Fair Warning: Crowd control, fake news, and romance

Before I started Fair Warning, one of the things that worried me was that I wouldn’t have enough content to talk about. Happily, this week, that is not the case, and I’ve been building this blog up as I spot things around. I almost feel like there might be too much going on!

Previously on Fair Warning: An Introduction


Gizmodo ran my favourite story of the week. Towards the end of last year, TfL performed a trial, gathering data from people using WiFi on the underground, and Gizmodo have obtained some of their findings. The story goes into some detail about what TfL hopes to use it for in future (crowd management, planning — even advertising planning). One of the more fun things is seeing how people get from one station to the other:


This week was Valentine’s Day so there was lots and lots of data on that. Most of it, to be honest, was more marketing/fluffy statistics rather than anything particularly fascinating. Something I can relate to is this chart which shows the rise and fall of a relationship, through WhatsApp message volume:


Over the pond

The Southern Poverty Law Center’s annual census has found that extremist/hate groups in the US have risen dramatically in the last year, most notably the number of anti-Muslim hate groups has almost tripled.

The Pew Research Center has done research on Americans’ feelings (“warmth”) towards different religious groups. Compared to 2014, American are generally feeling more positive towards all religious groups (although Muslims and atheists are still at the bottom!)

Gizmodo has been using targeted adverts to encourage government agency employees to send in tips about life under Trump. Love how creative this is, but I don’t know how effective it is, or what their results are.

There’s a website keeping track of gun violence in the US. As of 16th February, 3,706 people have been injured with a gun since the beginning of the year, and 1,970 people had died due to gun violence. Of these injured and killed, 77 were children.

If I’ve read this chart right, it says that US conservatives tend to be far more exposed to fake news (though who knows the definition for that) than liberals, and liberals tend to be exposed more to fact-checking pieces. Hm.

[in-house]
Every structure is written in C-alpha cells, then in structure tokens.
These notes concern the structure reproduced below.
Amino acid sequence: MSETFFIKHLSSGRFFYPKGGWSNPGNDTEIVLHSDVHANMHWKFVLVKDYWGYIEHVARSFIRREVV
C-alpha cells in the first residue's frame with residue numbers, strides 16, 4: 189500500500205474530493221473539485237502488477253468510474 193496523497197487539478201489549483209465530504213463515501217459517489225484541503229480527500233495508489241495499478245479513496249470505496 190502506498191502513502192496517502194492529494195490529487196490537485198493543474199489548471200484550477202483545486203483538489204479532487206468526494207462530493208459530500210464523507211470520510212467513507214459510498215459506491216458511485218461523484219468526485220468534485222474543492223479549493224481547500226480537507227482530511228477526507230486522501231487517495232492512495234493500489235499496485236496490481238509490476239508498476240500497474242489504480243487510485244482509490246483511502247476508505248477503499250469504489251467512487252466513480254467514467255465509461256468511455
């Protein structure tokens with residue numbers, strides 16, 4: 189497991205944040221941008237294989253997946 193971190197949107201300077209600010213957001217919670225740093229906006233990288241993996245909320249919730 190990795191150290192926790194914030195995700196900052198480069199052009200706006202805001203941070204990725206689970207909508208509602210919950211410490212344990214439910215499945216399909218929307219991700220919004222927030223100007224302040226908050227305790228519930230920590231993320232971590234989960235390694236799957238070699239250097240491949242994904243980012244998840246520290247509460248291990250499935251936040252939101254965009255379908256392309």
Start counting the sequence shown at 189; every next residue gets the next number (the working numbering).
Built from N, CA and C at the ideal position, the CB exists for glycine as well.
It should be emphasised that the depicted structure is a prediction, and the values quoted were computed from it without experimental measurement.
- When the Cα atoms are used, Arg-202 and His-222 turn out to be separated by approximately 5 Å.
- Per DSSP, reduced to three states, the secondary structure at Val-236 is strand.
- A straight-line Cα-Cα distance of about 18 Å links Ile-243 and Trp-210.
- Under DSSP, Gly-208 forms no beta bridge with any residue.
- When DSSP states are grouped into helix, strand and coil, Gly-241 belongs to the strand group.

Pigscast.com have attempted to fit all US media onto a chart which illustrates both partisan bent and also ‘quality’ of each outlet. Uhhh, let’s just say I don’t think those on the outer edges will be best pleased.

Finally, in some lighter news, there’s an interesting piece on “why lawn mowing is better than sex” which explains how many calories different activities burn. Sex is terrible for burning calories, apparently!


Elsewhere…

DataGraver looked into some data which showed the number of people killed per year by terrorism in Europe. The charts show that the height of terrorist activity in the region was probably in the 70s, and that in its worst year, 1988, 450 people were killed in terrorist attacks.

Here is a lovely piece of work by refugees living in Berlin, which maps out all facilities and services that refugees might want to use in the city, like doctors, German language classes, lawyers, police, etc. I think the power of these sort of community maps is hugely underestimated. What an amazing idea!

I quite liked this chart from HuffPo that Amol Rajan tweeted — it shows where in India people are vegetarian. One of the surprises in this for me was that I had always thought the food divide was north-south rather than northwestern vs everywhere else.


Bad chart of the week

I mean… This just isn’t how a bar chart works. Come on.

Shameless self-promotion

I’ve been holding myself to my own promise of writing one article a week, and I had wanted to do more data-driven stories but this week it was not to be. I did, however, write about my horrendous, soul-destroying experience with anxiety which many people said was helpful, so that’s nice.

Psst! If you see any terrible/great stories, stats, charts, anything you think might be of interest… Tweet me! If you like my work, why not buy me a coffee?

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